Many people use the devotional spaces around the church for their personal prayer.  Please feel free to pray at the shrine of Our Lady of Mount Carmel, but only before or after Mass.  Stopping at the shrine after receiving communion causes difficulties and disruption for others.  The seats in front of the shrine are the perfect place to stop and pray after Mass, while keeping walkways clear.  We look forward to the other devotional spaces around the church being completed early in the new year.


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Altars and Relics

Altar stone

Altar stone that was kept within the altar of our church from approx 1975 to 2017

Some people may remember a time when altars had set into the table an ‘altar stone’.  The stone often had set into it the relic of a saint.

In early times, churches were often built over the tombs of martyrs, whose sacrifice reflected and honoured Christ’s own sacrifice.  St Peter’s Basilica and the Basilica of St Paul Outside the Walls in Rome, for example, are both built over the tombs of the respective saints.

From this practice, the Church has had a long tradition of placing relics of saints beneath altars.  Many other saints, even if they are not martyrs, came to be interred in crypts below the sanctuaries of churches and cathedrals.  In other churches, a reliquary has been placed beneath the table of the altar.  While there was a time where relics were set into the table in an altar stone, the altar itself is a symbol of Christ, the living stone.  Relics, if they are to be kept at an altar, are to be placed beneath the table, which better reflects the traditional custom.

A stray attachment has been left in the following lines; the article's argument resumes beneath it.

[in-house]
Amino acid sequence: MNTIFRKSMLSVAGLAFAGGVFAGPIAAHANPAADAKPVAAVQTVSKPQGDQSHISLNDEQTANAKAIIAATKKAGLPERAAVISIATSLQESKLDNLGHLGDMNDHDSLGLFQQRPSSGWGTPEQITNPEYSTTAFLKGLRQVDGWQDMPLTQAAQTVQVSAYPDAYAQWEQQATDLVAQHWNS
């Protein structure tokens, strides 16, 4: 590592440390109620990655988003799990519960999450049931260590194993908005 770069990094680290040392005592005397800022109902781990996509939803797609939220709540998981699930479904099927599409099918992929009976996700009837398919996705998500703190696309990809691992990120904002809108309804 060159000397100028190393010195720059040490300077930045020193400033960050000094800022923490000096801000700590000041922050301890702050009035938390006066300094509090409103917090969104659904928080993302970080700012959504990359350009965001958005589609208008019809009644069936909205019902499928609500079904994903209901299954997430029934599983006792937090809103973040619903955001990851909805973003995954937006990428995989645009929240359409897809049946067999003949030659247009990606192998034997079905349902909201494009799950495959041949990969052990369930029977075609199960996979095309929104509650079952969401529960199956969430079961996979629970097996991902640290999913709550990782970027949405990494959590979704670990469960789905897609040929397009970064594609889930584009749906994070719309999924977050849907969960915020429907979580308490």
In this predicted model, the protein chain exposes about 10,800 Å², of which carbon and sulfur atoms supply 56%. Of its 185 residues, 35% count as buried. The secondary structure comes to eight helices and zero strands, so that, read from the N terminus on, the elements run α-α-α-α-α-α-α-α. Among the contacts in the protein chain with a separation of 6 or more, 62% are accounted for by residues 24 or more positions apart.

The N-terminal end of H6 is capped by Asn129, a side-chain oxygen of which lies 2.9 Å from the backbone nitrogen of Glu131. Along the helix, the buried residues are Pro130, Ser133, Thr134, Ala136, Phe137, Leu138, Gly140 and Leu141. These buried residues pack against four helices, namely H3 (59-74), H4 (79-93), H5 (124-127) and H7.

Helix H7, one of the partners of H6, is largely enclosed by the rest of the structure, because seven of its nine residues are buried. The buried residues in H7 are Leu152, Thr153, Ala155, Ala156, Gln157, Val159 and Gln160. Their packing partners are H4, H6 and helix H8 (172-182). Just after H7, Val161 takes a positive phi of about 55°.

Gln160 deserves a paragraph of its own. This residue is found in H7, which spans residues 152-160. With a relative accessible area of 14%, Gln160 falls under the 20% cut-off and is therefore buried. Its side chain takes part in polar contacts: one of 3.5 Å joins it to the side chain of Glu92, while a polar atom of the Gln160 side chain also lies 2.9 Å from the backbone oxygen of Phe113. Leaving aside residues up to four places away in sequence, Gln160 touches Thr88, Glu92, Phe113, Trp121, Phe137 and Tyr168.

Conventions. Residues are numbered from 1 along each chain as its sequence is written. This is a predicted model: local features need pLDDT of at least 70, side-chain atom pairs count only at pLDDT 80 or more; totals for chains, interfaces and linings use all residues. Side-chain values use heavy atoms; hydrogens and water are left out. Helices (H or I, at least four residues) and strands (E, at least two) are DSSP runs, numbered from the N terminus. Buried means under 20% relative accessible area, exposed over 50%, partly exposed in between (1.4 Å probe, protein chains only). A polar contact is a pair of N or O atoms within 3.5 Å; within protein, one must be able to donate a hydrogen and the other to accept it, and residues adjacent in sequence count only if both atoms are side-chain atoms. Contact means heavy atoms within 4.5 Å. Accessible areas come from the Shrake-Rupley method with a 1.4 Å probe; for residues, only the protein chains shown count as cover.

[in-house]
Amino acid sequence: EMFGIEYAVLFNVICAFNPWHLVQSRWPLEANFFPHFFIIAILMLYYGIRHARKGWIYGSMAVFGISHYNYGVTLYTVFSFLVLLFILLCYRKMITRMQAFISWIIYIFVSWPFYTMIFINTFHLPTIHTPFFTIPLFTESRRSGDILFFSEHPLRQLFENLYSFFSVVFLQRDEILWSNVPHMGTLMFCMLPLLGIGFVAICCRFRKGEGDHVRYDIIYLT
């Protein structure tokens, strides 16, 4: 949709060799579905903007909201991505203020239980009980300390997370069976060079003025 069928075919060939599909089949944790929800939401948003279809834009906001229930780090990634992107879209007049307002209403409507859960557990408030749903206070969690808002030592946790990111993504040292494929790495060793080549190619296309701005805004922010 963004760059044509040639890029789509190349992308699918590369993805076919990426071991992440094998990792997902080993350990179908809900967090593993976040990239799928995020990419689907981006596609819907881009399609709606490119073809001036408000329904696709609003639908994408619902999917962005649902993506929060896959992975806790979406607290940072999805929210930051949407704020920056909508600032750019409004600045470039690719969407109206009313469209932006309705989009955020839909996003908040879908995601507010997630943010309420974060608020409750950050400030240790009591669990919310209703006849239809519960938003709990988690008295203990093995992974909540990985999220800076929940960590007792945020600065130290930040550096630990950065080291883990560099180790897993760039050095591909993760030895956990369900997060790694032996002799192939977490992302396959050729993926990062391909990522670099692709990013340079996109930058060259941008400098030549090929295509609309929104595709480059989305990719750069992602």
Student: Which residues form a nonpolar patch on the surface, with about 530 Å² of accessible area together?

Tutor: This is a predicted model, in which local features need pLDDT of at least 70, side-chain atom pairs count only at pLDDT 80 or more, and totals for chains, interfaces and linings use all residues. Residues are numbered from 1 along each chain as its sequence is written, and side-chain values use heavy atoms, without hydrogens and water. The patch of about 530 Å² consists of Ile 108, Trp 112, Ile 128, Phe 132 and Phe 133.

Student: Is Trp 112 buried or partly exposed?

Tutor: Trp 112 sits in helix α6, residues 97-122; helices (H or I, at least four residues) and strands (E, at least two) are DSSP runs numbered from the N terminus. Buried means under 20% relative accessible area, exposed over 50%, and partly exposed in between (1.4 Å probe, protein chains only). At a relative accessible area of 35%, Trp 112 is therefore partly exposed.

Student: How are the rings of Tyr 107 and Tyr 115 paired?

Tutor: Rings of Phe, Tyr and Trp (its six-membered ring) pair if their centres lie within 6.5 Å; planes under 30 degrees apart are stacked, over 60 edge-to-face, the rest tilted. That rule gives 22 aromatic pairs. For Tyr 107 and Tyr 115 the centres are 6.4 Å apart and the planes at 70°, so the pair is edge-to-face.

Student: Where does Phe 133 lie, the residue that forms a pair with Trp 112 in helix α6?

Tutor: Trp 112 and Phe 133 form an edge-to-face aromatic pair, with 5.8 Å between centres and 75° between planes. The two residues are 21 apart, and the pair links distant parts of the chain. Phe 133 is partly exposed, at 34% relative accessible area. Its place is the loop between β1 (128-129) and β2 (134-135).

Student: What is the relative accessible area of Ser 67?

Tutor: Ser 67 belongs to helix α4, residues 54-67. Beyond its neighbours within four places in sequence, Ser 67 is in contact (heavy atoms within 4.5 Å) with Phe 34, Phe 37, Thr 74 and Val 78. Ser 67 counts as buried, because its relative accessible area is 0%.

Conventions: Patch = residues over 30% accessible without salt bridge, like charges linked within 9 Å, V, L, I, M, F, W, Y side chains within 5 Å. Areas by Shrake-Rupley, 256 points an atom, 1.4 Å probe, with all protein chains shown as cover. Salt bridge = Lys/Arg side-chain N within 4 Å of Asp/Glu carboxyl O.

1401-altar-021.jpg

Architect’s impression of the new stone altar to be installed in our church as part of our Church Renewal Process

Our new altar will include a compartment beneath the table for the relics of a saint, which will be placed there by Bishop Vincent when the altar is dedicated on Sunday 17 December.


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Hear the Difference

Carmel Bulletin, 1 October 2017

Church Renovation 1The visual difference to our church since demolition work began is obvious, but have you noticed any aural (sound) difference?

The removal of the carpet has changed the acoustics of the building.  Soft furnishings, like carpet, absorb sound, while sound bounces off hard surfaces like brick, timber and stone.  The result is an increased resonance of sound throughout the church, which enlivens the output from the sound system, organ and musical instruments.